Trevor Santos: Absolutely.
Ramsey Russell: What do you do about something like that?
Trevor Santos: So whether it’s compound archery versus traditional or muzzle loader versus center fire again, they’re just going to let us beat each other up. You know, one of these issues I deal with is repealing Sunday hunting laws or Sunday hunting bans in several states, and you would think that hunters as a community would be united in wanting more hunting opportunities, another day in the week to hunt. Ramsey, most people work Monday to Friday and Monday to Saturday; they only have Saturday or Sunday to hunt. Kids are in school five days a week, and they’re pulled in so many different directions these days with activities. So if we want to ensure that this tradition of hunting lives on, we need those opportunities.
Ramsey Russell: Absolutely.
Trevor Santos: But because in some states, this is the way it’s always been. And we didn’t hunt on Sundays; a lot of people aren’t open to that change and supportive of repealing these antiquated blue laws.
Ramsey Russell: You know, that’s why this pandemic is so upsetting. It’s gotten in people’s heads because it is different; normal is different now, and things are normal right now. I’m going to tell you, I’m right here at the convention, and I’m loving it. But it’s just like post-911, post-World War II, and post-atomic bomb: all the same things change. But it’s just like post 911, post-World War II, post atomic bomb, it’s all the same things change.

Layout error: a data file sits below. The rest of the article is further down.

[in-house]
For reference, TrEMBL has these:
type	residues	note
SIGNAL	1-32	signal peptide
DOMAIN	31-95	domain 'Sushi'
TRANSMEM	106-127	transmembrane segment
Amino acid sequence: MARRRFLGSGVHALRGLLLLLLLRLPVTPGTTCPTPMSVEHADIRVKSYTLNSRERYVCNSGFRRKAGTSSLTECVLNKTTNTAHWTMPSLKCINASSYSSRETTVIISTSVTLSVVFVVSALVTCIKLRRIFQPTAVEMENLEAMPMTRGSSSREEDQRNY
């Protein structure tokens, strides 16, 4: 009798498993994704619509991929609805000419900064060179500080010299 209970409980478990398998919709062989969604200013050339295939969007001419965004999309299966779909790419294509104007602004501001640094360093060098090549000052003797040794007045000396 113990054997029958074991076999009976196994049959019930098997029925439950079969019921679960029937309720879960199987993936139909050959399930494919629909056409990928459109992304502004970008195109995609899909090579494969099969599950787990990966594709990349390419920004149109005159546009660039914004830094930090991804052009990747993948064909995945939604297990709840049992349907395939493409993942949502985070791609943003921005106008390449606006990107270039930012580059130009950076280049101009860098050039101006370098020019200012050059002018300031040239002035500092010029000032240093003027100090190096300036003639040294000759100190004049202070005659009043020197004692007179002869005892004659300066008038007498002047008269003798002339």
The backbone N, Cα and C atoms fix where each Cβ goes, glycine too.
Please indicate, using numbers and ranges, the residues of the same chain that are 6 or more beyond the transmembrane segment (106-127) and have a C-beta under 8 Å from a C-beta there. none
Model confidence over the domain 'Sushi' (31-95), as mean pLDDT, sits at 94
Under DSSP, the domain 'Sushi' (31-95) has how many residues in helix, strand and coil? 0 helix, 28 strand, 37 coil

Trevor Santos: And the division isn’t just amongst the hunting community; I’ve seen it for nearly a decade in the firearm field. You’ve got your — what I’ll call traditional list — who grew up hunting with a side by side or an over-under or knows I’ve got plenty of those in my safe. And my first deer hunting rifle was a Winchester Model 70. But I’ve also got those scary modern sporting rifles—those black rifles. And what we see at times is that when we’re facing a ban on modern sporting rifles or magazine capacity, a lot of people who don’t have those are willing to let them go. And what we see at times is when we’re facing a ban on modern sporting rifles or magazine capacity, a lot of people who don’t have those are willing to let those go.
Ramsey Russell: Because it doesn’t directly affect them.
Trevor Santos: Exactly.
Ramsey Russell: But it does.
Trevor Santos: For sure. That’s the low-hanging fruit for the other side. You know, we talk about how if the antis could end hunting today, they would; if the gun grabbers wanted a ban on all firearms or if they could get it today, they would, but they have to go incrementally. So they can take the low hanging fruit, what polls well with the general public, what they can spin in the media, what they really can confuse people on, and you know, these scary guns, as I’ll put it, are a firearm that looks similar to what our military utilizes, and that’s kind of what they’ve clinched on, and they’ve been able to get a big part of the gun hunting community to say, “I don’t care about that.”
Ramsey Russell: Right.
Trevor Santos: But it’s going to start with those, guess what’s next?